Without a doubt, family is the most pervasive metaphor for the people of God in the Bible. We are all children of Abraham. We are the household of God where God is the paterfamilias. We are all brothers and sisters in Christ with God as the head of the household.
Families are face-to-face communities. People know each other’s character and abilities. They are accountable to each other. They know when someone is pulling their weight and when someone is free-riding on the work of others. They sacrifice for each other according to needs. Greco-Roman households, which could include several families, were unlike modern families in that they largely produced what they consumed and consumed what they produced.
The large impersonal socioeconomic forces we wrestle to understand and manage today were largely invisible to ancient cultures. These realities were inexorable forces of the gods and of nature. If the desire is to improve the human lot in such a context, one is not occupied with how to master what is in the purview of the gods but rather with what can be changed … the behavior that occurs within face-to-face communities. The disciplines of sociology and economics only emerged in the past 100-150 years.
Greek sages like Aristotle offered practical instruction for life in what become known as “household codes.” Instruction was given to the paterfamilias of the household on issues like financial management and on governing the behavior of wives, children, slaves and others connected with the household. Various passages in the New Testament are presumed to be modeled on these codes, like Ephesians 5:18-6:9, Colossians 3:18-4:1, and 1 Peter 2:11-3:17. Scholars Carolyn Osiek and David Balch even suggest that Jesus may have been riffing on the household code in Matthew 19 and 20. (See earlier post.)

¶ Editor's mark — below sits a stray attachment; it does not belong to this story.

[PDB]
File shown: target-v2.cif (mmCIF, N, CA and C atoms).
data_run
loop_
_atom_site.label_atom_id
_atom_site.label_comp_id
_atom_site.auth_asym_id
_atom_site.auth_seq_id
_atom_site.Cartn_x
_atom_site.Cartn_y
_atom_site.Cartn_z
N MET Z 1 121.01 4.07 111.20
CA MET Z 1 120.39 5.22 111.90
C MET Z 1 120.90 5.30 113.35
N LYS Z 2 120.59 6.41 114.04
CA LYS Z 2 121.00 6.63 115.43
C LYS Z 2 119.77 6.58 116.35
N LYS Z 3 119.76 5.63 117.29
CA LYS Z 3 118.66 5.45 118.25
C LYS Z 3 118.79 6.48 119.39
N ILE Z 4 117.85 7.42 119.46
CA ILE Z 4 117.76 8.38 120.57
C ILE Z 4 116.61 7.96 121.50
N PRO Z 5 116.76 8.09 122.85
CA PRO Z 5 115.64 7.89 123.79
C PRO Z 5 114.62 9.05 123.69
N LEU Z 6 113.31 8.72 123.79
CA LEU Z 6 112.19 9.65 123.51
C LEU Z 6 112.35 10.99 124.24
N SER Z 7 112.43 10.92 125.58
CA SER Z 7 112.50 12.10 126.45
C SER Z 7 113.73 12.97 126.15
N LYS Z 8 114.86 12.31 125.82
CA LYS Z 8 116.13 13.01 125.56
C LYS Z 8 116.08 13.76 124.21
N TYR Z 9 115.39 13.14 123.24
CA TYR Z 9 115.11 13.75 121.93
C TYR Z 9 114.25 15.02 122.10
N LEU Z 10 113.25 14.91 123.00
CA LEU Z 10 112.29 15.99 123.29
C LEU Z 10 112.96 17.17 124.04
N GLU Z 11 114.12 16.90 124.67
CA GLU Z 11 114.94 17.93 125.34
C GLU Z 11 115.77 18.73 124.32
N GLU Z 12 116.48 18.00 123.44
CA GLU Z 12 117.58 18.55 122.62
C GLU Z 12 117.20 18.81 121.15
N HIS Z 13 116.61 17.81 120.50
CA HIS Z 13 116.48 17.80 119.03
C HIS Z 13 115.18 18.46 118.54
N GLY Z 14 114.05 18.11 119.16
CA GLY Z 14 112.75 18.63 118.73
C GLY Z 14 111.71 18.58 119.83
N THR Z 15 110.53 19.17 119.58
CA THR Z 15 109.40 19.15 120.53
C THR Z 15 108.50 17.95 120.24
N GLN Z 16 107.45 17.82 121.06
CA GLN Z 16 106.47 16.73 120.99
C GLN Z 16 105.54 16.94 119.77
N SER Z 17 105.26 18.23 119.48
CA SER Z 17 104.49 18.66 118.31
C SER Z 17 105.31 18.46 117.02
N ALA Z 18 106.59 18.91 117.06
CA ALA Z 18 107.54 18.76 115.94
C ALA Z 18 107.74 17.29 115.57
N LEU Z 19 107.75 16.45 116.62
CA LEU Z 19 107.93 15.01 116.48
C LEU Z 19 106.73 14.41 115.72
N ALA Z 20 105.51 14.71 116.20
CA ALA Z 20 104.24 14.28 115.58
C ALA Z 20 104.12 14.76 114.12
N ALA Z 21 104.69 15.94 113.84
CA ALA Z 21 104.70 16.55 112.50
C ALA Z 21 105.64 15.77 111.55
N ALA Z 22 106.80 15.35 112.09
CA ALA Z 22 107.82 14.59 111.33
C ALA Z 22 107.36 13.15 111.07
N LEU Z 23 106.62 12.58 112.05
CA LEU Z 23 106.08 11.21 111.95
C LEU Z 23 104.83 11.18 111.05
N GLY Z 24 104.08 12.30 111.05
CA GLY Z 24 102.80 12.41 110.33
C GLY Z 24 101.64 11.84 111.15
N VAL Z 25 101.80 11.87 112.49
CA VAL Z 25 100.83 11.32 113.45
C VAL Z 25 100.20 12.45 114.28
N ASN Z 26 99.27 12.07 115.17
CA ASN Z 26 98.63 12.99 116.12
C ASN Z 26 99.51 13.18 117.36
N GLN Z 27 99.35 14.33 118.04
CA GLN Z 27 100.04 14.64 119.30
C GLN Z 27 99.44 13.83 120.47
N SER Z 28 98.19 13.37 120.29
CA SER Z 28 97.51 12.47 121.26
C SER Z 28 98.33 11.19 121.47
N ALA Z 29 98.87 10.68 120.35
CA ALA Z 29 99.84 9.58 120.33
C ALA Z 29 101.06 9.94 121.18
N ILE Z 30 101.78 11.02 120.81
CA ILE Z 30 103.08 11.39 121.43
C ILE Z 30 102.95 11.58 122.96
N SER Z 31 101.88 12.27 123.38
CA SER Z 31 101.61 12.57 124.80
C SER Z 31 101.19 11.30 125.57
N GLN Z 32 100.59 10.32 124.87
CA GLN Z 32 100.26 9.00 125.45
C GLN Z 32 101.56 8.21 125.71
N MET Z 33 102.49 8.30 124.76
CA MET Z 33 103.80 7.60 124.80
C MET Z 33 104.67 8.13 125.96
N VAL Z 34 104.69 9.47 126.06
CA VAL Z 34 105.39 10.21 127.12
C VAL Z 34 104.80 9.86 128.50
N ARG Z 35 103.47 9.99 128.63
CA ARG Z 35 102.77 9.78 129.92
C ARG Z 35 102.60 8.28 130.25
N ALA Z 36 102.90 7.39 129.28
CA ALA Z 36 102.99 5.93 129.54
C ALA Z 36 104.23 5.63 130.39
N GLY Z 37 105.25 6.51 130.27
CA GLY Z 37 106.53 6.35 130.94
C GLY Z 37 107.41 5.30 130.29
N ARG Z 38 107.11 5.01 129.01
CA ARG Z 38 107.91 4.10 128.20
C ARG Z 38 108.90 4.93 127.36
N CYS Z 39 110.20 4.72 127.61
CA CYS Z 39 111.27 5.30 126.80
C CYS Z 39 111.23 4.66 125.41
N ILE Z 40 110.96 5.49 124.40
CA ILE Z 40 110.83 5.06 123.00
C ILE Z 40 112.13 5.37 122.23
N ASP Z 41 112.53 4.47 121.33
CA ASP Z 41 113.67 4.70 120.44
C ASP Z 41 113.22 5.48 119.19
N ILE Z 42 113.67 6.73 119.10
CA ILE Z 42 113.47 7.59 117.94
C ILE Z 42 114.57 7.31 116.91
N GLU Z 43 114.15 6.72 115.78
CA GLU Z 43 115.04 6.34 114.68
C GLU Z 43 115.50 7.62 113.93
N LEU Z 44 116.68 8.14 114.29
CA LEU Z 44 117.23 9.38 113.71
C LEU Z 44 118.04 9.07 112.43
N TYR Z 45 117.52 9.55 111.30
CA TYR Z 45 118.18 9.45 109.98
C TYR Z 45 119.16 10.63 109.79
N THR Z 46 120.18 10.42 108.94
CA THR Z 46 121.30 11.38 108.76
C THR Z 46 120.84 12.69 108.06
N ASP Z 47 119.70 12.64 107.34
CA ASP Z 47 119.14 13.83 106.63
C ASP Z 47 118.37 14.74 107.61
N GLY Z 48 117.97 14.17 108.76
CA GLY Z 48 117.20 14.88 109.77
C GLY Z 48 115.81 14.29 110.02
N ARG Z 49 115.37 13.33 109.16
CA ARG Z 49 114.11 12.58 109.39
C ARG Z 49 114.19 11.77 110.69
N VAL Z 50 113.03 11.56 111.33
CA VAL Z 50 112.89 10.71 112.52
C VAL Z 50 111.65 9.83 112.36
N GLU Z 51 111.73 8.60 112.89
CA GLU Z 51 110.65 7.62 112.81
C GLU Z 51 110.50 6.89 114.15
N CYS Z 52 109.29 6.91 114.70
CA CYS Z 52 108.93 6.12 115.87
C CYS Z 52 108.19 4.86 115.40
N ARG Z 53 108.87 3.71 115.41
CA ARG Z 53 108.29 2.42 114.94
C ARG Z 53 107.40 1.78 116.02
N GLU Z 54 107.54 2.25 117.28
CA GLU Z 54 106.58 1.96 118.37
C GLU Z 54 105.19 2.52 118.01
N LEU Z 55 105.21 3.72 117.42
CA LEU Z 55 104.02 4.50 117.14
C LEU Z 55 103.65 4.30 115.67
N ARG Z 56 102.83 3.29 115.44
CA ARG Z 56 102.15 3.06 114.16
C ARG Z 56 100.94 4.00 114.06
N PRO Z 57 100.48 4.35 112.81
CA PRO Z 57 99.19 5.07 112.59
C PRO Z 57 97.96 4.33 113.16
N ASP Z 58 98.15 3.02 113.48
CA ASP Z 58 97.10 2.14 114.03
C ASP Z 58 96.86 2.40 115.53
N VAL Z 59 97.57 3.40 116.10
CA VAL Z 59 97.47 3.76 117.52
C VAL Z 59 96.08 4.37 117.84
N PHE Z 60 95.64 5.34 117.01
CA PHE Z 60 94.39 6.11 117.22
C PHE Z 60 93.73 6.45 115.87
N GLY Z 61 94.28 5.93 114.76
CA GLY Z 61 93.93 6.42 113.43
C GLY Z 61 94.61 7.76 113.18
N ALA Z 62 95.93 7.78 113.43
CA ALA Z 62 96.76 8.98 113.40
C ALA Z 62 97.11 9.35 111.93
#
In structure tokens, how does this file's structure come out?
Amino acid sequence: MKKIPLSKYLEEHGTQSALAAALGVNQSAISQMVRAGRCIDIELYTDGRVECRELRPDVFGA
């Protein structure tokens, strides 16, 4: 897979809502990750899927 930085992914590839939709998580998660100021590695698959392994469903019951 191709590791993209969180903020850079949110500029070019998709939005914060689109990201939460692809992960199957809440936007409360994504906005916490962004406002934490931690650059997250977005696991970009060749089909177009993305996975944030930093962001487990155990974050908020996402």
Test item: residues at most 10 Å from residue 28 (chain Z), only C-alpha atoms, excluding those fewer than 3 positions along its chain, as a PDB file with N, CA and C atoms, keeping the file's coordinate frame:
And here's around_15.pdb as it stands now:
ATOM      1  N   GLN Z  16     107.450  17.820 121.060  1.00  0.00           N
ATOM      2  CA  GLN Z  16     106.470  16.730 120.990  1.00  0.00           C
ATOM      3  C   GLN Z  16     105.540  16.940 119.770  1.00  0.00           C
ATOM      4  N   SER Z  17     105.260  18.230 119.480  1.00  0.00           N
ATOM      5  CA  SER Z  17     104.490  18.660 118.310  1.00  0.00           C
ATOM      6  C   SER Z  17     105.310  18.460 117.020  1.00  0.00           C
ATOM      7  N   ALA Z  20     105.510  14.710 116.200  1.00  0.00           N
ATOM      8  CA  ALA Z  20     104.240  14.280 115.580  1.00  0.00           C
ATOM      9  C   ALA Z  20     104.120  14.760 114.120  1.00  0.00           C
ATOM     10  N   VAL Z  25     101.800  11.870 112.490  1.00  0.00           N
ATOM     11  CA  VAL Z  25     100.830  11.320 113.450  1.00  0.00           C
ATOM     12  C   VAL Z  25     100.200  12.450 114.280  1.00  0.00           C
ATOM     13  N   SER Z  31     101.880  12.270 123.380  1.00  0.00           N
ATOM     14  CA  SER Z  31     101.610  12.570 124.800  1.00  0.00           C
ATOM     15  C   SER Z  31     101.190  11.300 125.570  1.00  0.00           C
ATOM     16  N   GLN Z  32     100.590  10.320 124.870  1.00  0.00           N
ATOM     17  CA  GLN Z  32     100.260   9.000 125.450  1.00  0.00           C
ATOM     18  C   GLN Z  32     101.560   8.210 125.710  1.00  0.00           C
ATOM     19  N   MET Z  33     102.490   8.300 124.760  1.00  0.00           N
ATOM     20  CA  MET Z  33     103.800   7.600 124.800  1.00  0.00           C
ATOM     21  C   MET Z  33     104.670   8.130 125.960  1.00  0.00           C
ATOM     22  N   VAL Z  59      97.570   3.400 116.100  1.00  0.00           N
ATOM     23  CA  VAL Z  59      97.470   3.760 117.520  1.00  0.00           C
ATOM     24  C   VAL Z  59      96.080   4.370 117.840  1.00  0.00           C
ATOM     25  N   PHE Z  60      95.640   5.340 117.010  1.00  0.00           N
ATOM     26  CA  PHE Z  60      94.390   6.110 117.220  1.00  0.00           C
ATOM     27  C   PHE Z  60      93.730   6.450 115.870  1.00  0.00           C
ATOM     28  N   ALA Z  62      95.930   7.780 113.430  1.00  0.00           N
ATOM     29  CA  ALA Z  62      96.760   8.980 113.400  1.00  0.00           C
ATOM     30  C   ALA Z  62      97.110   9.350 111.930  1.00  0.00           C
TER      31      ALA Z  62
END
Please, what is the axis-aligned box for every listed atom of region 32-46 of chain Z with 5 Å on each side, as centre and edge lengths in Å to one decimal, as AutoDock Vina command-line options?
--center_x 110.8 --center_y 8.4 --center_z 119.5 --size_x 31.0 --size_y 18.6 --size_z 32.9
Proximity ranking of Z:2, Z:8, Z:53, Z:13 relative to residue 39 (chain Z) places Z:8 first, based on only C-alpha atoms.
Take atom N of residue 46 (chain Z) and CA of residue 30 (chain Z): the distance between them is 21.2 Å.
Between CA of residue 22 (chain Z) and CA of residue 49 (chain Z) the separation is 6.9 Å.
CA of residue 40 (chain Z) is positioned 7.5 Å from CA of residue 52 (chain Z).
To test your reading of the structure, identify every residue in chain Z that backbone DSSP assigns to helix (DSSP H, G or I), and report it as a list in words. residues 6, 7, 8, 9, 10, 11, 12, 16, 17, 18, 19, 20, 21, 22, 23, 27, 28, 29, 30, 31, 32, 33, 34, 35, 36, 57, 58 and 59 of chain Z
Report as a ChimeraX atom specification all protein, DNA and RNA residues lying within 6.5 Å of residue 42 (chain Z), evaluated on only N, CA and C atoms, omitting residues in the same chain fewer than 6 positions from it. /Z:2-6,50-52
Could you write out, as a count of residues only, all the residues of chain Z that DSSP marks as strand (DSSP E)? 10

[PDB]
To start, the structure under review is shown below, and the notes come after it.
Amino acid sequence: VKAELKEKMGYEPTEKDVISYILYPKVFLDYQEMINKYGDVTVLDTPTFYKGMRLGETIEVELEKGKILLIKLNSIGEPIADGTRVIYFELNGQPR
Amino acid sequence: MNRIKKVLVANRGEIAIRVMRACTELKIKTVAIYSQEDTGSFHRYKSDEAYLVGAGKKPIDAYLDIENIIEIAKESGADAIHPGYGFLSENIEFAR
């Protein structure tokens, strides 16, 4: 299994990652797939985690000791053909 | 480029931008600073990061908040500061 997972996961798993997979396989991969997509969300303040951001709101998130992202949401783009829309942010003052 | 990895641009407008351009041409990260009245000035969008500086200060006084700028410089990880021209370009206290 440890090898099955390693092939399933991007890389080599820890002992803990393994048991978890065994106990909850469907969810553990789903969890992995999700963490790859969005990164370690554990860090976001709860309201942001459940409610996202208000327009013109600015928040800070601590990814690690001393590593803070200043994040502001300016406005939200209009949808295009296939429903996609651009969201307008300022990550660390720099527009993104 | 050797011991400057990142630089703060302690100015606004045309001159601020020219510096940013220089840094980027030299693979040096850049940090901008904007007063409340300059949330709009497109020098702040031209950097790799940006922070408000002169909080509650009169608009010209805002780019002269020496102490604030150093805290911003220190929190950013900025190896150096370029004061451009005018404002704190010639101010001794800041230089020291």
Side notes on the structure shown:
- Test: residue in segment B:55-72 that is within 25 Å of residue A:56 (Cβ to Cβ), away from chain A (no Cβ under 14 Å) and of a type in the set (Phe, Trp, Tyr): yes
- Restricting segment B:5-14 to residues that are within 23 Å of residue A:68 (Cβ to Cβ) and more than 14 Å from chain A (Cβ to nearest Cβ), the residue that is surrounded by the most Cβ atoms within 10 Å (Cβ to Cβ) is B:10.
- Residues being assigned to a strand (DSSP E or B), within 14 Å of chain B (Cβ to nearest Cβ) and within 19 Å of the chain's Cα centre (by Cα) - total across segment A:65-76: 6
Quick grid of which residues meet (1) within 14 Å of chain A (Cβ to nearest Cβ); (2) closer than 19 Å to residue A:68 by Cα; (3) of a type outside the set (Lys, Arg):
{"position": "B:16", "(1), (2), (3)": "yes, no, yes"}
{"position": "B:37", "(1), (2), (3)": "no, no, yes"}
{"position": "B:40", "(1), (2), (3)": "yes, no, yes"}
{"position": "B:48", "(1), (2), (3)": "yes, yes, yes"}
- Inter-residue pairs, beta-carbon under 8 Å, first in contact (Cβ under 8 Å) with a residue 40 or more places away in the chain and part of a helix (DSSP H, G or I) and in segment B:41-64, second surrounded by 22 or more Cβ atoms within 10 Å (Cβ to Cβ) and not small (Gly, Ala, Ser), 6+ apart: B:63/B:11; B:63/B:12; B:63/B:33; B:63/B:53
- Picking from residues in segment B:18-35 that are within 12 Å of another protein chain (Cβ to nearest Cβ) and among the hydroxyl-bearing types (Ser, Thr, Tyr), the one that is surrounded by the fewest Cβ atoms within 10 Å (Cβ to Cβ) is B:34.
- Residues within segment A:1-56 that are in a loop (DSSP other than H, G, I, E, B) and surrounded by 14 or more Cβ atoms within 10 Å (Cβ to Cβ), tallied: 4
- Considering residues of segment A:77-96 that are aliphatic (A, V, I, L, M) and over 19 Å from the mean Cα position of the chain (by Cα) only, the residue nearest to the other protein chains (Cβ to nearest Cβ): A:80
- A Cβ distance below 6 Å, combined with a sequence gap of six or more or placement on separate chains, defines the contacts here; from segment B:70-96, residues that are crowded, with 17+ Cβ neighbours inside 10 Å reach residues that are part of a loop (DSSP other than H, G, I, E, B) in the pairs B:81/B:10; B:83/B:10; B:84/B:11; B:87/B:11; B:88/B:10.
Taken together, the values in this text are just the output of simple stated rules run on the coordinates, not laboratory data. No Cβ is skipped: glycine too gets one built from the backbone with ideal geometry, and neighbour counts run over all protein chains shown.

Old Testament teaching is also about face-to-face communities. Broad macro social structures are not in view. A surface appraisal of some passages … like the jubilee or gleaning requirements … might seem to suggest otherwise but this has more to do with projecting our experience back into the text.
The jubilee redistributed nothing. It prohibited the permanent sale of land and labor by one member of a community to another. A “sale” of land or labor functioned as a lease agreement. The price was based on the number years between the agreement and the next jubilee. At the jubilee, the land and labor reverted back to the permanent owner. These provisions established God as the landholder with his people as his tenants, divided by tribe and clan into face-to-face communities. Our modern tools of economic analysis tell us that the jubilee had economic impact but it is anachronistic to see the jubilee as economic justice initiative. The jubilee regulated land and labor transactions of people in face-to-face community.
Gleaning was also mandated but who did the gleaning? The poor in the community who were known to the farmer. Gleaning was a provision that made it ethically incumbent to care for the poor who were a part of one’s face-to-face community.